Assads
President Hafez al-Assad with his family in the early 1970s. From left to right: Bashar, Maher, Aniseh Makhlouf, Majd, Bushra and BasilWikiCommons

Aniseh Makhlouf, who died on 6 February aged 86, had been at the heart of Syrian politics for almost half a century, first as close confidant to her husband, former ruler Hafez al-Assad, and then to her son, Bashar. She was not just the powerful matriarch to the Assads, but also to her own Alawite clan, the Makhloufs, who dominate Syria's elite.

Her nephew, Rami Makhlouf, is Syria's richest man, a telecommunications tycoon who is worth an estimated US$6bn (£4.17bn). To Syrians, he is emblematic of the rampant corruption and nepotism that has governed the country for decades and was vilified by demonstrators in the 2011 protests that spiralled into Syria's civil war.

Aniseh married Hafez al-Assad in 1957 and became first lady when the former air force lieutenant became president in 1971. When Bashar al-Assad took power in 2000 on his father's death, Aniseh became a valued advisor, although her relationship with his wife, Asma, a British-born Sunni, was rumoured to be strained.

In the days following her death, it has been argued that Aniseh's counsel was behind Bashar's brutal crushing of the 2011 pro-democracy protests that quickly descended into the armed uprising that has decimated Syria today. But some observers claim that, while clearly influential, there is no firm evidence that she played the decisive role.

"There is very little we know for sure about Aniseh Makhlouf," said David Lesch, professor of history at Trinity University in San Antonio, Texas and author of Syria: The Fall Of The House Of Assad.

"I have seen no evidence [that] Aniseh advised Bashar to take a hard line against the protesters. In my view, Bashar did not consent to a harsh crackdown because Mommy told him to do it; rather, he did so [because] he was convinced by his security chiefs that they could put down the uprising in a matter of weeks [...]."

One rumour about the mysterious matriarch that does appear to ring true, however, is that of tension between her and Asma, Bashar's young wife, a former investment banker. "Both lived under the same roof prior to the uprising, and with Asma being such a strong personality who certainly had the ear of her husband, I cannot imagine there were not some underlying tensions," said Lesch.

Nor is there any doubting the dominance of the Assad and Makhlouf families over both the Syrian economy and the organs of the state, particularly when it comes to Rami Makhlouf, said Julien Barnes-Dacey, a Syria-focused analyst at the European Council on Foreign Relations.

"The Makhloufs are tied by blood to the Assads – there are no real gaps between them – [and] Rami's policies of taking economic ownership and exploiting national institutions for the family's benefit played a big role in the sense of corruption and inequality that fed the uprising," he said.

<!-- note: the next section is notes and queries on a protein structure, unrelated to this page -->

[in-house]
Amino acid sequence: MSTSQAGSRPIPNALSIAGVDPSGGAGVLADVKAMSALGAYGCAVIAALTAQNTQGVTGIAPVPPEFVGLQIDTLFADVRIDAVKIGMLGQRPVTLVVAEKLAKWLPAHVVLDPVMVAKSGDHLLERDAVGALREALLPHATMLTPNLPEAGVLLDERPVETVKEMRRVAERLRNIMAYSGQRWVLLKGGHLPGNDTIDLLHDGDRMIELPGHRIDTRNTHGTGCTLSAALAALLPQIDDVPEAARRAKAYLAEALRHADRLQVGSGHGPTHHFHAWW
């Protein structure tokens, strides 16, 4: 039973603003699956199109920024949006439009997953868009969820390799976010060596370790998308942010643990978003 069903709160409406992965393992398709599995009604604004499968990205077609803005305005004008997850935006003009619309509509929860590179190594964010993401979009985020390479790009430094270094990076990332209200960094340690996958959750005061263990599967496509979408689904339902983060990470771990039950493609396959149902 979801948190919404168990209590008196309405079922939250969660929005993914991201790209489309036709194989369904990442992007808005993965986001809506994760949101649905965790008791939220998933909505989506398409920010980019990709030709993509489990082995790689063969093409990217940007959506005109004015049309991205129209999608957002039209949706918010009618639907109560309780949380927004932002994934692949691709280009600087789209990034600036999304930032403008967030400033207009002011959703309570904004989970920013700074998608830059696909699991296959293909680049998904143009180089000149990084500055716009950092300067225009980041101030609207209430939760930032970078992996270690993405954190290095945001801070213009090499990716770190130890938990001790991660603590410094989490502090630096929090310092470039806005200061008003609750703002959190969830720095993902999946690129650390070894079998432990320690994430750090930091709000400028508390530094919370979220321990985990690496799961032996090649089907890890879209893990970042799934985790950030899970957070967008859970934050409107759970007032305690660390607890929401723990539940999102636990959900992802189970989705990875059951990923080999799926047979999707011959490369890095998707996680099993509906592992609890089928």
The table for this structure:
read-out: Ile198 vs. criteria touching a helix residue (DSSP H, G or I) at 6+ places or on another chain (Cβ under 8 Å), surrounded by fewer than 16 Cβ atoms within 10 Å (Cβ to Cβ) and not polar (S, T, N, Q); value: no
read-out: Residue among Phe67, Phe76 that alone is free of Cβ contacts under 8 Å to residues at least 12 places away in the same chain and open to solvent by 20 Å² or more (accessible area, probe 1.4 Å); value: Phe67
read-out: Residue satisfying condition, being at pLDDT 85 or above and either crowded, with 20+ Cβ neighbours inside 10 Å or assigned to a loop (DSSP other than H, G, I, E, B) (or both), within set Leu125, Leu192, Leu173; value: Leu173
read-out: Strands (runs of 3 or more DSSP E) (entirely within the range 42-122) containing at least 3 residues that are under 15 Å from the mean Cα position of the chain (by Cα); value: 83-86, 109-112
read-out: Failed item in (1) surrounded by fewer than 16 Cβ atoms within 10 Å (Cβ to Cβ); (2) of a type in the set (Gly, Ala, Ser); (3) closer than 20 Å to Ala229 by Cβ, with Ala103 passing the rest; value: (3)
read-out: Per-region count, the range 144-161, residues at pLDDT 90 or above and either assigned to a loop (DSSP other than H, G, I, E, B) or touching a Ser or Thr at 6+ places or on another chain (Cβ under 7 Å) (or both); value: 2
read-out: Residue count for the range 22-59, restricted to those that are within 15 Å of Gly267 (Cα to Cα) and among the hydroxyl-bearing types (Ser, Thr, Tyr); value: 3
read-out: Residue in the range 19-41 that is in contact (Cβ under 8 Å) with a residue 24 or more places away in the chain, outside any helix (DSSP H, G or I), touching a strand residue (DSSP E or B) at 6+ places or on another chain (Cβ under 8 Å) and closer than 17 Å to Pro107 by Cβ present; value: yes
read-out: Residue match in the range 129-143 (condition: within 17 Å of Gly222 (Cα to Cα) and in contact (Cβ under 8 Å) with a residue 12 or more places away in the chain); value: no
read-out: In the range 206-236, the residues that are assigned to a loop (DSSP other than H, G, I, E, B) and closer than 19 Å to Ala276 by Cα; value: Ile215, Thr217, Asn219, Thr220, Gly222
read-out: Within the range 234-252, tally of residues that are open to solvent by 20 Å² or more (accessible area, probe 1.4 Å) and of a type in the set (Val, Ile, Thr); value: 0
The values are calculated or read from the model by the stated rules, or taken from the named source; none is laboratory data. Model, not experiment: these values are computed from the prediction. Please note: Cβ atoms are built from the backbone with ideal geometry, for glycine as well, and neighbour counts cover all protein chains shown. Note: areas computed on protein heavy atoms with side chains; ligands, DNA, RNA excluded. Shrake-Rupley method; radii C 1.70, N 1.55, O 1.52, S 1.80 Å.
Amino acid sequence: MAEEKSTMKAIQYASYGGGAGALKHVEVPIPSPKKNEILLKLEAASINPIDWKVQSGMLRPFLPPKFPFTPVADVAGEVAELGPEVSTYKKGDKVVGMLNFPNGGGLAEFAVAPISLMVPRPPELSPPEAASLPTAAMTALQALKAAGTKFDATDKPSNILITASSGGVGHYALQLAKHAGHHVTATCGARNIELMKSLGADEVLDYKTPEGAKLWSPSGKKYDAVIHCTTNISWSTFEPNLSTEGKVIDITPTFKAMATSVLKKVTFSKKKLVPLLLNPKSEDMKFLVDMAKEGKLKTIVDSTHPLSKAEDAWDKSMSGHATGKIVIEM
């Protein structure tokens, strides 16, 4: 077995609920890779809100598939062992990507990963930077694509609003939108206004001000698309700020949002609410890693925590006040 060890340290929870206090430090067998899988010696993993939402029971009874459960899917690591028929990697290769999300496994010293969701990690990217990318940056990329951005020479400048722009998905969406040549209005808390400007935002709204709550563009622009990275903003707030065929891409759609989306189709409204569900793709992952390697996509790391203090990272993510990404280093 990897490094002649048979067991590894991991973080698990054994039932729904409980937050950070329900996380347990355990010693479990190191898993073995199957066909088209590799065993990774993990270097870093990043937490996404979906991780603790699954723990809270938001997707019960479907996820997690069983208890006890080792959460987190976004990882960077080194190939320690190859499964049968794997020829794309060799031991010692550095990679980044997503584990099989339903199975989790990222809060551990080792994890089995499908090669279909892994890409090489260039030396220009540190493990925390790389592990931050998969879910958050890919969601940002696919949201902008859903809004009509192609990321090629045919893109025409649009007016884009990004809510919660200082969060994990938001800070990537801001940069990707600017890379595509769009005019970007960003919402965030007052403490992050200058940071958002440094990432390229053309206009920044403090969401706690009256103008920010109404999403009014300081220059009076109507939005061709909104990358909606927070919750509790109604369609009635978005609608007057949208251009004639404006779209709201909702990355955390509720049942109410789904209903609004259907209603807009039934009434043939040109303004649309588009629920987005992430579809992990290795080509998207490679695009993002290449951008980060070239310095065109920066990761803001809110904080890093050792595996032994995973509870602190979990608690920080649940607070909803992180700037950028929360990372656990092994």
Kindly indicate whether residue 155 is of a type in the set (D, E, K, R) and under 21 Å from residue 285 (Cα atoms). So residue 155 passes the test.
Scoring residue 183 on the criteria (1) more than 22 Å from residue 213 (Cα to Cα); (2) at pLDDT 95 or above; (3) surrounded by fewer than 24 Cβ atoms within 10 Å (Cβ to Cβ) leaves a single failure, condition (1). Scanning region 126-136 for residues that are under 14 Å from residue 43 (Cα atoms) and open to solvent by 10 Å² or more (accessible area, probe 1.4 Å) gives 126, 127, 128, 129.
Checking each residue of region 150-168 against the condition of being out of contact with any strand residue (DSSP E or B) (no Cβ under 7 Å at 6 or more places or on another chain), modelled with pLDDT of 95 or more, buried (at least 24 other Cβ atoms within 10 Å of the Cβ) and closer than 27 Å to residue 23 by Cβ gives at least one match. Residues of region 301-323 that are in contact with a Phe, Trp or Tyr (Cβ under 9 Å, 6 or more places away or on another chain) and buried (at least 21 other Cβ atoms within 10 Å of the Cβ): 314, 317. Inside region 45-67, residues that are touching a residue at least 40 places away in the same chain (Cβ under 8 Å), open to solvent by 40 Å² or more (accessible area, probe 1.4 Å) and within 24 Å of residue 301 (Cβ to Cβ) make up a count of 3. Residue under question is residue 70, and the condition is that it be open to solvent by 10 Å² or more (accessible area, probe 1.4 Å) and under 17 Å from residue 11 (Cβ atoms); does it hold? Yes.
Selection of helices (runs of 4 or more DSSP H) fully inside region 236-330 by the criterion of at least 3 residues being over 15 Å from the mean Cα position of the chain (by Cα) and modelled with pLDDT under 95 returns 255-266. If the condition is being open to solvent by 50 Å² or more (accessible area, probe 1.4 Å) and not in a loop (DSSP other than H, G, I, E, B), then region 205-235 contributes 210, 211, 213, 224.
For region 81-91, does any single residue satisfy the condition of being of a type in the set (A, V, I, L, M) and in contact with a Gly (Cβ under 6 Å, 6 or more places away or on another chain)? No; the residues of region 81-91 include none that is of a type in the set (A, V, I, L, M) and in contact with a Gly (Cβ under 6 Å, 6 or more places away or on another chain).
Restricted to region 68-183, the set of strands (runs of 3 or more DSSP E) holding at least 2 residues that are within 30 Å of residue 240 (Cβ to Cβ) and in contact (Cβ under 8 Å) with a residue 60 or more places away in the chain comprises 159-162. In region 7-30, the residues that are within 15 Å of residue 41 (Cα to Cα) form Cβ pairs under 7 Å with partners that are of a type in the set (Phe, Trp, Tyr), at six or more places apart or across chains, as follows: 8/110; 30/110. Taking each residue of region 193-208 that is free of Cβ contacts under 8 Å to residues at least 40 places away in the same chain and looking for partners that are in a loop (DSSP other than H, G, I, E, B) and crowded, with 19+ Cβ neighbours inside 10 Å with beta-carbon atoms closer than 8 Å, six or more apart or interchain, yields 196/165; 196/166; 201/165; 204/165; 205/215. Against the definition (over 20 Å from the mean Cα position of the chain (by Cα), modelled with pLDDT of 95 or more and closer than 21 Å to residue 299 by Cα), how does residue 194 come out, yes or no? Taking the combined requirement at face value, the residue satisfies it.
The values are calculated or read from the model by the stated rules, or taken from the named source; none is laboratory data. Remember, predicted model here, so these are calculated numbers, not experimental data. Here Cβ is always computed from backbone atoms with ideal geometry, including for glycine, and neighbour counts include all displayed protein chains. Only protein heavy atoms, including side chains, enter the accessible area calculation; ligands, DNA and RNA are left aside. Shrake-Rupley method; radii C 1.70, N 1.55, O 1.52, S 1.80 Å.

"It is worth saying that that mafia-like takeover of the state – whether that is airlines, oil or telecommunications – was very much done for the benefit of the wider Assad-Makhlouf family. He was an agent of enrichment for the Assad family at large. They all bear a common responsibility for what happened."

Barnes-Dacey said that the Syrian revolution and the war that followed it has only served to strengthen the nepotistic and familial ties between the Assads and the Makhloufs in Syria. And as Bashar looks to be on the front foot, ahead of the government offensive on Aleppo, this is unlikely to change.

"The regime has had to fall back on family first and foremost and those around Assad are principally key family members [...] driving much of what goes on in Syria. Above and beyond the sectarian dimension, there is a family dimension. They have used Syria as private property and that is how they have conducted their response to the crisis," he said.

Others feel that the length and ferocity of the conflict has weakened the Assad-Makhlouf clan, which has forced Bashar to disperse power and promise benefits to local, regional and international actors. He will have to make good on those promises when and if the war comes to an end. Equally, argues Lesch, the war has awoken Syrians and irreparably damaged the reputation of the Assads.

"The legitimacy to rule of the clan has been weakened regardless of how the conflict progresses or ends, and ultimately power will perforce devolve away from them because of this amid the empowerment of most of the Syrian populace that has had to get along without much of the state for a long time now," he said.

As for Aniseh, the Assads may miss her ability to take the heat out of family tensions, such as when Rifaat al-Assad, Hafez's brother who now lives in exile in Paris and London, attempted a coup in 1983. Historian Patrick Seale wrote that Aniseh was instrumental in defusing the situation.

"She did play a mediating role amongst family members from time to time, so the loss of that might heighten intra-familial tensions, especially if the current up-tick in regime fortunes again goes into reverse," said Lesch.